The images shown here were taken during a six-week period that saw the orbiter’s 11 science experiments and the lander and its 10 instruments switched back on and checked out after more than 2.5 years of hibernation.

Earlier this week, a formal review brought these commissioning activities to a close, giving the official ‘go’ for routine science operations.

“We have a challenging three months ahead of us as we navigate closer to the comet, but after a 10-year journey it’s great to be able to say that our spacecraft is ready to conduct unique science at comet 67P/C-G,” says Fred Jansen, ESA’s Rosetta mission manager.

More about Rosetta

Rosetta is an ESA mission with contributions from its member states and NASA. Rosetta’s Philae lander is provided by a consortium led by DLR, MPS, CNES and ASI. Rosetta will be the first mission in history to rendezvous with a comet, escort it as it orbits the Sun, and deploy a lander.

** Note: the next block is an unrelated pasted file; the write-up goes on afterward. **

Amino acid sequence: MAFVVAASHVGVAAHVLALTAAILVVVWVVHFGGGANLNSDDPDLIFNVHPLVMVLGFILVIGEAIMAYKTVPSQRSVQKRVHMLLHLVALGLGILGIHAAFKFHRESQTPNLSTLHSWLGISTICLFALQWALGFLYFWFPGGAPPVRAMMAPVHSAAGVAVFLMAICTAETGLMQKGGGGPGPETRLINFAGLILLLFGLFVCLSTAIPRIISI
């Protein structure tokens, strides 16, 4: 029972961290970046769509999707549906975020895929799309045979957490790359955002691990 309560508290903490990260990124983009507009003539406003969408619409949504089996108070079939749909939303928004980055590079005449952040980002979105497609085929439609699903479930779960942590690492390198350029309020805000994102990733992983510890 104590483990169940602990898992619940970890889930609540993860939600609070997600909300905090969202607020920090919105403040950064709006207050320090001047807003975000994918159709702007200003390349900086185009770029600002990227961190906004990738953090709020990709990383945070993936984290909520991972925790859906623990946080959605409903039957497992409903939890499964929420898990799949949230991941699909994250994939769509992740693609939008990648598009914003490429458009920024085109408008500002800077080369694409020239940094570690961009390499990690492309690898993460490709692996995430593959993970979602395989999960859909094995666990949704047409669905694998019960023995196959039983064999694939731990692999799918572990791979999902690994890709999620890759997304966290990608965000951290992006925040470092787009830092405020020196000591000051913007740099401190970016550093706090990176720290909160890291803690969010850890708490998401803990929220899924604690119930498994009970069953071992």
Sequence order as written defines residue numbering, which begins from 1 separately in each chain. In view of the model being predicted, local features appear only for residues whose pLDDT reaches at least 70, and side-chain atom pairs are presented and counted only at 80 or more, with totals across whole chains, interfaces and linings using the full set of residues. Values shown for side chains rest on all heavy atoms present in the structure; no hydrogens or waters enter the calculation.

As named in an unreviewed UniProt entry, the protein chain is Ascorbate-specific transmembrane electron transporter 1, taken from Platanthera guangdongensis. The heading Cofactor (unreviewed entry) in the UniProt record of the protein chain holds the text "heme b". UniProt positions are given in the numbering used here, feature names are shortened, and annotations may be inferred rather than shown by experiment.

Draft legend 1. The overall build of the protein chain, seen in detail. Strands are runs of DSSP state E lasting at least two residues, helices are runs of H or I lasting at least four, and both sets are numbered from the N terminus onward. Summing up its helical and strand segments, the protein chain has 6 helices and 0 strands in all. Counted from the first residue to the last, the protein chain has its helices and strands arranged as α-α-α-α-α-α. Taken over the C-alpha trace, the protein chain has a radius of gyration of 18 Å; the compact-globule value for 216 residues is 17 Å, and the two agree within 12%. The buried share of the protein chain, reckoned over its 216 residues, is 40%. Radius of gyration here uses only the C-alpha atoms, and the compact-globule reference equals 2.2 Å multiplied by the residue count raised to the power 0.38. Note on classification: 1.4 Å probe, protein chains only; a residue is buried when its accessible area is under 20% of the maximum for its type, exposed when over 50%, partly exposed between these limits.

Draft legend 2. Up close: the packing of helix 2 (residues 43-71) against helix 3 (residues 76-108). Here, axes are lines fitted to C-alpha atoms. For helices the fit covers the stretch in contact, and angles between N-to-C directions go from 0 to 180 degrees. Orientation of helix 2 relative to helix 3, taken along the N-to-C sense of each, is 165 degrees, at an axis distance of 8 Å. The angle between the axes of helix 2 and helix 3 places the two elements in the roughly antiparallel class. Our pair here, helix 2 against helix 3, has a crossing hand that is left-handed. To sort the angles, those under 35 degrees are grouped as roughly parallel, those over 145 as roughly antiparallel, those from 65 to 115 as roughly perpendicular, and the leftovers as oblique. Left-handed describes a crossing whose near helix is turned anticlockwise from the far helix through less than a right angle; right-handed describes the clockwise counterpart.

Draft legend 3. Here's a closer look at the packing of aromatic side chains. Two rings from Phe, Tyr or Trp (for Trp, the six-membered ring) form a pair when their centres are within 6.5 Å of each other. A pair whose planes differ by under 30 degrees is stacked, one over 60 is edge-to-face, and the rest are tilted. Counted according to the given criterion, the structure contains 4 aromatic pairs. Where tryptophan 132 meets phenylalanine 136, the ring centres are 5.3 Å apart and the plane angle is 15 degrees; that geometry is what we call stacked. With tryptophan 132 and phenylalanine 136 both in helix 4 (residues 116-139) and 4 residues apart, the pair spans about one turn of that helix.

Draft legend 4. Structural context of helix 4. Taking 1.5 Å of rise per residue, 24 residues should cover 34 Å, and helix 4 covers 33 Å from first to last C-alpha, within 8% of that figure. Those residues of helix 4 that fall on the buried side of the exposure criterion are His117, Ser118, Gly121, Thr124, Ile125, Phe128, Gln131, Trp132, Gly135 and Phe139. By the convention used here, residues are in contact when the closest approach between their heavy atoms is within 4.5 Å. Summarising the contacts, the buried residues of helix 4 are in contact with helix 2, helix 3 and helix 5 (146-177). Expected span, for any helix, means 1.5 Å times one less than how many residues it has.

Comets are time capsules containing primitive material left over from the epoch when the Sun and its planets formed. By studying the gas, dust and structure of the nucleus and organic materials associated with the comet, via both remote and in-situ observations, the Rosetta mission should become the key to unlocking the history and evolution of our Solar System, as well as answering questions regarding the origin of Earth’s water and perhaps even life.

More about OSIRIS

The scientific imaging system was built by a consortium led by the Max Planck Institute for Solar System Research (Germany) in collaboration with CISAS, University of Padova (Italy), the Laboratoire d’Astrophysique de Marseille (France), the Instituto de Astrofísica de Andalucía, CSIC (Spain), ESA’s Scientific Support Office, the Instituto Nacional de Técnica Aeroespacial (Spain), the Universidad Politécnica de Madrid (Spain), the Department of Physics and Astronomy of Uppsala University (Sweden), and the Institute of Computer and Network Engineering of the TU Braunschweig (Germany). OSIRIS was financially supported by the national funding agencies of Germany (DLR), France (CNES), Italy (ASI), Spain (MEC) and Sweden (SNSB), and the ESA Technical Directorate.